Customer Reviews for

Trail of the Red Diamonds

Average Rating 4
( 7 )
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  • Anonymous

    Posted August 17, 2012

    No wonder he gave up writing to start a religion. Dude was a BAD

    No wonder he gave up writing to start a religion. Dude was a BAD writer!

    1 out of 1 people found this review helpful.

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  • Posted April 29, 2012

    "The Trail to the Red Diamonds" was first published i

    "The Trail to the Red Diamonds" was first published in "Thrilling Adventure" in January, 1935 under the pseudonym of Lt. Jonathan Daly, the main character in this adventure story. Using a pseudonym is not unique since L. Ron Hubbard employed fifteen different pen names in addition to his own name in his many pulp titles. This fictional tale begins during Lt. Daly's recuperation from bullet wounds in a Gran Chaco hospital, He discovers an original manuscript of Marco Polo's travels: "I had come across an original manuscript of Marco Polo's. The man that lent it to me did not know its value," states Lt. Daly. Halfway through the manuscript, he reads a paragraph about a chest of red stones which glittered "like the sun through red-stained quartz." At first, he believes they are rubies but then he figures out they could only be diamonds...rare red diamonds.

    As Daly reads Marco Polo's words, he realizes the chest of red diamonds had been buried with Kublai Khan, the Emperor of China to lighten his way to heaven and to serve as offerings to the gods. Intrigued with an insatiable desire for the bounty, Daly wastes no time and sets off to find the buried treasure ignoring warnings from his doctors and friends. Little known to him, he has challengers- the Chinese army and disloyal renegades that complicate his journey for riches in this dark tale of betrayal, espionage, double crosses, and death.

    Also included in this volume is "Hurricane's Roar," a tale about a sinister and clever Mongolian warrior- Wind-Gone-Mad.

    1 out of 6 people found this review helpful.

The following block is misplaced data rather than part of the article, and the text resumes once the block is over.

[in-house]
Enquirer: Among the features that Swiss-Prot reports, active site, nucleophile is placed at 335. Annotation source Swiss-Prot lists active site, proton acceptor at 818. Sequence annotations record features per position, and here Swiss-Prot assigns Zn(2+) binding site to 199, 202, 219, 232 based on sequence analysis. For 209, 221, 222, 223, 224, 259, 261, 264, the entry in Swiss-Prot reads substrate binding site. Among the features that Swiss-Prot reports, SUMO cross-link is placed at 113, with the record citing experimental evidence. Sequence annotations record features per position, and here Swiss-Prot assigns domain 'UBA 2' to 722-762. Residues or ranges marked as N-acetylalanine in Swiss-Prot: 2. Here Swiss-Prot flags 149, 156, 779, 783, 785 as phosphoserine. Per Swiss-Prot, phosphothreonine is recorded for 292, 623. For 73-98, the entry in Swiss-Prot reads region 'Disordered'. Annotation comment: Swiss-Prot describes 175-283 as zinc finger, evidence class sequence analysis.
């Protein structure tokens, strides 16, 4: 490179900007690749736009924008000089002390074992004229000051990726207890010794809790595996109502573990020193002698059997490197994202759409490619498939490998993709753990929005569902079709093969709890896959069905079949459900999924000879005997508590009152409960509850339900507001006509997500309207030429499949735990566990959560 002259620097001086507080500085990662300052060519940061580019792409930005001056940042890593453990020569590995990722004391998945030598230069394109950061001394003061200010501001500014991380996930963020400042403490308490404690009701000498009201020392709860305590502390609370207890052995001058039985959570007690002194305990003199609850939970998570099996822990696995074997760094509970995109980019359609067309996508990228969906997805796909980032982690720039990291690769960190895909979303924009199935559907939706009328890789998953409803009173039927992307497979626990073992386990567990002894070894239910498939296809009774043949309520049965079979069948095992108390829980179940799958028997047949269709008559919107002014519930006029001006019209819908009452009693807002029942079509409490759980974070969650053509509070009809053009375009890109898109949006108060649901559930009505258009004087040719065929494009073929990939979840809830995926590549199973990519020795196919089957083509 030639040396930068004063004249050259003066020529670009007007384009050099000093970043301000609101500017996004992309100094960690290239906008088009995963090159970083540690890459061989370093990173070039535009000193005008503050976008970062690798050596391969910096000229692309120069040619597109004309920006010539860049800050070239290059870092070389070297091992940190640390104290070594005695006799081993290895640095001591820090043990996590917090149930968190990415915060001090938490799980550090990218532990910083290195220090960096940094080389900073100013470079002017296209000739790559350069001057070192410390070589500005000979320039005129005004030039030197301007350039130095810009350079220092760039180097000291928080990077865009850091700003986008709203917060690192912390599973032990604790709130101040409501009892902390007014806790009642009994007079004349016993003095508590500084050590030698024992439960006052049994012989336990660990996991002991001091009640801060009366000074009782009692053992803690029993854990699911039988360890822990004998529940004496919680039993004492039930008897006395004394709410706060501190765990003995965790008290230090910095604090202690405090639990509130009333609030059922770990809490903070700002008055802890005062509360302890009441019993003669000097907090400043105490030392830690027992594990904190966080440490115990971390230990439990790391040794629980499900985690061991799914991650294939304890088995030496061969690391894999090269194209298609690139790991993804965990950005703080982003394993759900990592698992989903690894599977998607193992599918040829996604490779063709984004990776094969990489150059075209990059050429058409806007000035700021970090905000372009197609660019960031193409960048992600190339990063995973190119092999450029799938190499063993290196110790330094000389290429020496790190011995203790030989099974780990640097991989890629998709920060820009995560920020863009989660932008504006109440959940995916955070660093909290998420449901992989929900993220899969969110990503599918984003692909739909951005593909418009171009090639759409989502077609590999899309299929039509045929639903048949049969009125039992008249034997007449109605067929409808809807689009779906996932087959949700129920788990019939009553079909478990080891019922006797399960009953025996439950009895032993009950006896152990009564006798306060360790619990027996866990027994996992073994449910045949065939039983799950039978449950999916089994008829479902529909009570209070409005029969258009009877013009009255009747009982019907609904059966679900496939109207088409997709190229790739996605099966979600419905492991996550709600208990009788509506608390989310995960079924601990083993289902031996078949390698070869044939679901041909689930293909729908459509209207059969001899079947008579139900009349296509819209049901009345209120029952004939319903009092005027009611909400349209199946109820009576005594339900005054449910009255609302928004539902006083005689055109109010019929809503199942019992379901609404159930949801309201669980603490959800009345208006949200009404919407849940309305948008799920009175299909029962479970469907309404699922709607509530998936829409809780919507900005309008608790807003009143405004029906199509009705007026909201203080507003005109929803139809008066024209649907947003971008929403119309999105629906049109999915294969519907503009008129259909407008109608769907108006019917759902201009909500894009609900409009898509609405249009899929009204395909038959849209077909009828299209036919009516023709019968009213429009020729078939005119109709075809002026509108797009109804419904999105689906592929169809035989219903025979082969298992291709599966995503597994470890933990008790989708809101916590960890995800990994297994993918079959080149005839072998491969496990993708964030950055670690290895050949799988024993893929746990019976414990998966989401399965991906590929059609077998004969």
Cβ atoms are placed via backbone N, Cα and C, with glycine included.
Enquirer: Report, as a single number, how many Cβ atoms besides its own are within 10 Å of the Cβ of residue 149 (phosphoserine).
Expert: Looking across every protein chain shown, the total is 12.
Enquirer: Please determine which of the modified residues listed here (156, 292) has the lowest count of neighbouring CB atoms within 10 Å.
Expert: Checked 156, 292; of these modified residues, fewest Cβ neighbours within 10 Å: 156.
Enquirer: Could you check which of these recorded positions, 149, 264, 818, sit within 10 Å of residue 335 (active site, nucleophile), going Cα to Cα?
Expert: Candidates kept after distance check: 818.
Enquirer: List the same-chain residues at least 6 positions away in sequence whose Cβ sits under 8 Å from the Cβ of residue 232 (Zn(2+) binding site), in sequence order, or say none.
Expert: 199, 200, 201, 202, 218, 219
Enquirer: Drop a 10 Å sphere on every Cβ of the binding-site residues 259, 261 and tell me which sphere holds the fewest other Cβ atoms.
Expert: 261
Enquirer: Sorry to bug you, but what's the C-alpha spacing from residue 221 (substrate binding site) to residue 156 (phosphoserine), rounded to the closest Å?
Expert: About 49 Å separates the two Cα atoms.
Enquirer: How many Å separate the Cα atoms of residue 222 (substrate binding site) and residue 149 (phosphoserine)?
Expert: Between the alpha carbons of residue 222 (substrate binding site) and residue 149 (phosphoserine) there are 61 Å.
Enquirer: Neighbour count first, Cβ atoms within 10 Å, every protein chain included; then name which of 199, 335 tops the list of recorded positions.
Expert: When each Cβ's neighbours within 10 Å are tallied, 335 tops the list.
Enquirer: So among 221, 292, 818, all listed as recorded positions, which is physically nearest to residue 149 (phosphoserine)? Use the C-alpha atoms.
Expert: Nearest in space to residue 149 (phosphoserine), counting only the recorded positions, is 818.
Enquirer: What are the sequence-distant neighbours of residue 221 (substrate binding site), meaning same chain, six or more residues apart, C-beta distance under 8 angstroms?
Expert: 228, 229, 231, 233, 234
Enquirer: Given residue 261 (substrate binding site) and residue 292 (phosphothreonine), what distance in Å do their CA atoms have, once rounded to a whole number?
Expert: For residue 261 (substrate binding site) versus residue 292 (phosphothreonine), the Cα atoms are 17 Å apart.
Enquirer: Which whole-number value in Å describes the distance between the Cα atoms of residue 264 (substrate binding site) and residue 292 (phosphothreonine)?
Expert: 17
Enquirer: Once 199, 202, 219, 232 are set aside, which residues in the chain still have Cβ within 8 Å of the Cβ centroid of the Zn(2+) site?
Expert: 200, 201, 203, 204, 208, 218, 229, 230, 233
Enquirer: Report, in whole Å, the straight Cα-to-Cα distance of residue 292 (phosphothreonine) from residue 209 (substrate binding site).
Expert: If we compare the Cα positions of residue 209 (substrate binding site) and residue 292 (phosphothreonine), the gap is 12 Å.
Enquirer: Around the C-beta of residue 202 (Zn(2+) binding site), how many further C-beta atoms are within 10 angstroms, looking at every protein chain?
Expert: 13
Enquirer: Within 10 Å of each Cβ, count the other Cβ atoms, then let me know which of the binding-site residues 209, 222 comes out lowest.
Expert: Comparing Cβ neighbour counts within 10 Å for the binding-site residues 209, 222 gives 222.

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  • Anonymous

    Posted October 19, 2012

    Exactly what it says it is.

    As you can tell from the cover, this is is a story (a couple, actually) from the pulp magazines, which showcased action stories with little intellectual content. The two stories (and excerpt of a novel) within are perfect examples. There's no reflection, no consideration, on the part of the characters, so nothing to distract you from just going along for the ride—unless the undertones of racism bother you (the English and American heroes being far more capable than the Chinese they deal with).
    I'd skip the foreword (which mentions other pulp writers, such as Lovecraft, Burroughs, Hammett, etc.—yet ranks Hubbard as "the most enduring" and "among the most legendary"), which adds nothing worth noting except the blind adulation for Hubbard—which certainly is not due to him for the quality of his writing.

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  • Anonymous

    Posted September 29, 2012

    Review

    Before I write anything, let me say I like the crisp, clean way L. Ron Hubbard writes pulp fiction. This is a short read about greed and murder. An added bonus - "Hurricane's Roar" is a second short story included. If you like the genre, you'll enjoy this.

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  • Anonymous

    Posted August 26, 2012

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  • Anonymous

    Posted October 25, 2012

    No text was provided for this review.

  • Anonymous

    Posted December 29, 2012

    No text was provided for this review.

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